Question by MEPs Lídia Pereira (EPP/Portugal) and Markus Ferber (EPP/Germany)
The EU Tax Observatory is a consortium of academics, based in the Paris School of Economics, that focus their research on topics around tax avoidance, tax evasion and aggressive tax planning. Their goal is to conduct intensive investigations and present the results to EU policymakers in order to increase awareness and provide science-based information that can lead to better policy outcomes.
As we can read on the EU Tax Observatory’s website, ‘this project has received funding from the DG TAXUD [the Commission’s Directorate-General for Taxation and Customs Union] under grant agreement No.TAXUD/2020/DE/326’(1). The Commission’s call for proposals states that ‘the Observatory should focus on corporate taxation’(2).
It is important for policymakers to benefit from independent, high-level assessments of such technical and politically sensitive matters as taxation. We highly value the observatory’s role.
1. What is the Commission’s assessment of the EU Tax Observatory’s mission statement, which does not mention its specific focus on corporate taxation?
2. How does the EU Tax Observatory guarantee independent procedures for the selection of members and research topics?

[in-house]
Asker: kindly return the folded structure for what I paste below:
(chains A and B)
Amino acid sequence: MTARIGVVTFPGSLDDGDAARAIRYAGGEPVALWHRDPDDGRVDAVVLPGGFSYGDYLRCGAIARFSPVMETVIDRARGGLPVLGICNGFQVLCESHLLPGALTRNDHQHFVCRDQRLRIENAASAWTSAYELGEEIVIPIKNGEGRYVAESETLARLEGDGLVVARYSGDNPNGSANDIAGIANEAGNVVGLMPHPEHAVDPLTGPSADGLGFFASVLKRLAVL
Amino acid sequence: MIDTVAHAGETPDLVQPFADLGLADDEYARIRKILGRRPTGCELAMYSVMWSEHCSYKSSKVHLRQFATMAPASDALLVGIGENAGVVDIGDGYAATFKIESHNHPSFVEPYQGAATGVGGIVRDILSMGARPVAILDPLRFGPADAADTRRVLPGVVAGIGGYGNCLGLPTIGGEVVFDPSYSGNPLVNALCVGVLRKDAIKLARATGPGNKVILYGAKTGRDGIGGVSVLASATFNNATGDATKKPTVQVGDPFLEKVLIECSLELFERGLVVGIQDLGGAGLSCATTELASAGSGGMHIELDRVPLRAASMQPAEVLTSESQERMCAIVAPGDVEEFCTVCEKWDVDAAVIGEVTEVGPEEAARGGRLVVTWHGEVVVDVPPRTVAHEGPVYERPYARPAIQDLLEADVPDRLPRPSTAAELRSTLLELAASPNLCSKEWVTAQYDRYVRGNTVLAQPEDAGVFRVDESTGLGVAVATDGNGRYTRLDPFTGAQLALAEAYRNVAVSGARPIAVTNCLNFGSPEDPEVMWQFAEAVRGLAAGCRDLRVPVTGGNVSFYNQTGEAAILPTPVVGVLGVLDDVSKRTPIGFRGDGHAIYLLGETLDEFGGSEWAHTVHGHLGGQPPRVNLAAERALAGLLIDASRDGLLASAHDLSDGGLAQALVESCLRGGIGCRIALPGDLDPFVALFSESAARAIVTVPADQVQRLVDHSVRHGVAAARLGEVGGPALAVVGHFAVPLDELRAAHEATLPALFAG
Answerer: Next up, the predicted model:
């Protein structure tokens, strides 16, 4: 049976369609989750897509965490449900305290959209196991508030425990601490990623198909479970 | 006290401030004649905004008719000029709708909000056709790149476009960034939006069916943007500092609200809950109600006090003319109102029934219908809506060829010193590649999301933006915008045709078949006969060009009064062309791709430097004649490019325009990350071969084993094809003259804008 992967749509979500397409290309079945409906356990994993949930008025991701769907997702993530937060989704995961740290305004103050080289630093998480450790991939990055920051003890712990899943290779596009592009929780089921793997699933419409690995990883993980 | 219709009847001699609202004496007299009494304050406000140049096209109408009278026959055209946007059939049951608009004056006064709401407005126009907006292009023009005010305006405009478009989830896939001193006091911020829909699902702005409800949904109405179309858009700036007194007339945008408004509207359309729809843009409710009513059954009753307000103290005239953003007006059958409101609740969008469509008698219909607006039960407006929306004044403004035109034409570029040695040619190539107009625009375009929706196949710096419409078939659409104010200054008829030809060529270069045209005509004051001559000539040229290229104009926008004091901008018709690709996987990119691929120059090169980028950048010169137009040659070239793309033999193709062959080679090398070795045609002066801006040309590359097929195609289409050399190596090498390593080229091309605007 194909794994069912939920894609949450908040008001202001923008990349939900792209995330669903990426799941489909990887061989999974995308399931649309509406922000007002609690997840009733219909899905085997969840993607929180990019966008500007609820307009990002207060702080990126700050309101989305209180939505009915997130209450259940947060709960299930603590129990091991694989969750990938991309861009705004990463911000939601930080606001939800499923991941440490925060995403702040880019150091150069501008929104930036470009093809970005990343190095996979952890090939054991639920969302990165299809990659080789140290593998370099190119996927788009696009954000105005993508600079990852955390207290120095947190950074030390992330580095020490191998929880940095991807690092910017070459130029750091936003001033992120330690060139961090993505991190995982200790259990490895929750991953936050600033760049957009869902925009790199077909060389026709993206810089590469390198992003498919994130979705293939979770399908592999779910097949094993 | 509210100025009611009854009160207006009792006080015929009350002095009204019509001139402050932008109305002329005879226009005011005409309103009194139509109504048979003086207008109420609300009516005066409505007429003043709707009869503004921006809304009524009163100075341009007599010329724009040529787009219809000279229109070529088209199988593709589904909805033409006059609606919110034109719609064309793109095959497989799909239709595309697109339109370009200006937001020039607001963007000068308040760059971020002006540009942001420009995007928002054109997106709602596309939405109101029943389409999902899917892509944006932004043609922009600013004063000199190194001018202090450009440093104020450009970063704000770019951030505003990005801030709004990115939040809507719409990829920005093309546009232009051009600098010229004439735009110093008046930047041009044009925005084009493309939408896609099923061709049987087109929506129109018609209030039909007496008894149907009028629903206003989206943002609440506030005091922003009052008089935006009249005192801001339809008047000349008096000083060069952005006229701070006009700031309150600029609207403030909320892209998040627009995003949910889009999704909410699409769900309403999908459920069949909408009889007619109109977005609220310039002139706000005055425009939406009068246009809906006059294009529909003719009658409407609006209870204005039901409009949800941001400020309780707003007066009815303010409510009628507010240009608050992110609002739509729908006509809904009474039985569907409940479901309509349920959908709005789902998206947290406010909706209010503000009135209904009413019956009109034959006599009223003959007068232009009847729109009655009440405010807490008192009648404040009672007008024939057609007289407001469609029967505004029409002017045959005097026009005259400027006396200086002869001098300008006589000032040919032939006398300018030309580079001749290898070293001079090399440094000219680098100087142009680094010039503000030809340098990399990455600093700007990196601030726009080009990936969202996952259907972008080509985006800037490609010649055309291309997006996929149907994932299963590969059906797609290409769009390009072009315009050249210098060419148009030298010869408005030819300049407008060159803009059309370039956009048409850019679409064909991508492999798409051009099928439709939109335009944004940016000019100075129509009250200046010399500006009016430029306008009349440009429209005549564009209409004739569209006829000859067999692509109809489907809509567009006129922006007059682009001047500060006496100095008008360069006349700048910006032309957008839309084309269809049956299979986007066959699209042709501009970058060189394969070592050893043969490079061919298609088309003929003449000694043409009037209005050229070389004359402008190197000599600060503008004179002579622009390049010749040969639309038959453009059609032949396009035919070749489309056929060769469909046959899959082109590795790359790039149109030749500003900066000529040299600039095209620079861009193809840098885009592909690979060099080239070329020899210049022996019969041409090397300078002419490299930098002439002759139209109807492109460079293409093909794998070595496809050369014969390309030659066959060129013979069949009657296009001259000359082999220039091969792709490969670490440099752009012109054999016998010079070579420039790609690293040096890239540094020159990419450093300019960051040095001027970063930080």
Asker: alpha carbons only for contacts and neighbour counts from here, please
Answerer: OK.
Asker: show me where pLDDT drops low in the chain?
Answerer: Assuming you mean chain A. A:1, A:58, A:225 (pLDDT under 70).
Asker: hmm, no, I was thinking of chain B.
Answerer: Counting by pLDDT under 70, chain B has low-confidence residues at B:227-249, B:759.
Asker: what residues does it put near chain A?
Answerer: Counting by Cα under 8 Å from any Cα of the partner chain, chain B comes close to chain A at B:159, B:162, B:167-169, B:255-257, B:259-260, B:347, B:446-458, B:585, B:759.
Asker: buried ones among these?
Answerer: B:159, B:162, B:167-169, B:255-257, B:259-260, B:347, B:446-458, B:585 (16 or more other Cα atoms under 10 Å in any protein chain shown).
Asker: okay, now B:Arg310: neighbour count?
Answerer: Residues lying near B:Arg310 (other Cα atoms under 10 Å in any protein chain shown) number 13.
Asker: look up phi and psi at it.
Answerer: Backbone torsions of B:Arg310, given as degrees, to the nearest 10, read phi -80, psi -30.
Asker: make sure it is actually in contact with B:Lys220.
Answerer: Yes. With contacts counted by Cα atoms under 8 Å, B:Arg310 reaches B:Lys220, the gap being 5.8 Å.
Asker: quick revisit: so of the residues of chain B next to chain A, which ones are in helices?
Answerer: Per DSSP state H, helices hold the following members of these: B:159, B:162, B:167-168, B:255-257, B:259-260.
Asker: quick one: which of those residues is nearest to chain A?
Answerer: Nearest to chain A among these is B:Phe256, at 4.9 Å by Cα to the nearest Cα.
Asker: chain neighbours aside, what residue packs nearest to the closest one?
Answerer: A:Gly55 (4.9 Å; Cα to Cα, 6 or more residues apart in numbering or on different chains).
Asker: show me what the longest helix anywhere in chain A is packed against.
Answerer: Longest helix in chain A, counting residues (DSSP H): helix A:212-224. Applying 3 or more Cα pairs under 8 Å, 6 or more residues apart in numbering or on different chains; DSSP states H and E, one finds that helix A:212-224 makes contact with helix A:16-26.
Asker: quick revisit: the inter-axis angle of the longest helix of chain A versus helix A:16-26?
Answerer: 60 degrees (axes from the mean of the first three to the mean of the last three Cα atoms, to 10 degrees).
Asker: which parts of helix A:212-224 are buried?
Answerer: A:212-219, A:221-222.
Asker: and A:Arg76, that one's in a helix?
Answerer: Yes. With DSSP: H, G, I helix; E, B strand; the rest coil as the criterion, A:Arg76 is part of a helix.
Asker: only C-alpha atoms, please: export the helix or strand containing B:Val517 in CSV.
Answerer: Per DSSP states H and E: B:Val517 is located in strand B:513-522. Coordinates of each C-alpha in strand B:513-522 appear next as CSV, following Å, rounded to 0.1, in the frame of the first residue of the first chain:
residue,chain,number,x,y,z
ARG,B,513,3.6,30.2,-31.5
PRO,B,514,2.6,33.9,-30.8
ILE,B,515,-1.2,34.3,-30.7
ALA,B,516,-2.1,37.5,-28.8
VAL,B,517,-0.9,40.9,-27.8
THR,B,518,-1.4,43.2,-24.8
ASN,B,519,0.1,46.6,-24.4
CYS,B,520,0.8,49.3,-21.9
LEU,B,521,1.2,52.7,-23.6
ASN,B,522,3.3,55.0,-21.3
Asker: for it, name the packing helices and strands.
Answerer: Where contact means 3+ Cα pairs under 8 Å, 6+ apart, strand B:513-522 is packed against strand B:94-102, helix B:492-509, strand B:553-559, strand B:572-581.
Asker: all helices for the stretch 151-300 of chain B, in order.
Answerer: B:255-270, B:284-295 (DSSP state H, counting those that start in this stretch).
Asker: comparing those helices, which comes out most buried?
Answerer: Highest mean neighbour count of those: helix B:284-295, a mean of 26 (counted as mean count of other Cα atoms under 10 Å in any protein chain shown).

Reply by Commissioner Gentiloni
At the request of the European Parliament (“preparatory action”), the Commission created and awarded a grant for an EU Tax Observatory (EUTO), with a budget of EUR 1.2 million.
The purpose of the Observatory is to enhance the involvement of civil society in the advocacy, design and implementation of EU actions against tax abuse, and supports EU policy-making through cutting-edge research, analysis and data-sharing. The Observatory is fully independent in conducting its research, objectively informing policymakers and suggesting initiatives that could help to better tackle tax evasion, tax avoidance and aggressive tax planning. The EUTO should have a focus on corporate taxation, but is not limited to it and can cover all topics related to tax avoidance, tax evasion and aggressive tax
planning, as stipulated in the call for proposal. More broadly, it should stimulate discussion and debate amongst stakeholders and citizens on these topics via events and its website. Its first publication , published in June 2021, is focused on corporate taxation.
The EUTO guarantees its independence, non-partisanship and objectiveness through the prioritisation of publication in peer-reviewed academic journals with strict disclosure rules, a selection of professionals with a plurality of disciplinary perspectives. It is supervised by an independent Advisory Board composed of prominent experts and journalists. The EUTO is fully transparent about its funding sources and all employees of the EUTO must abide by the ethics charter of the Paris School of Economics (lead applicant). This shall ensure the intellectual and scientific integrity of all staff involved and allow for scientific research in
line with the strictest European and international standards
For other newsitems related to the EU Tax Observatory’s mandate, click HERE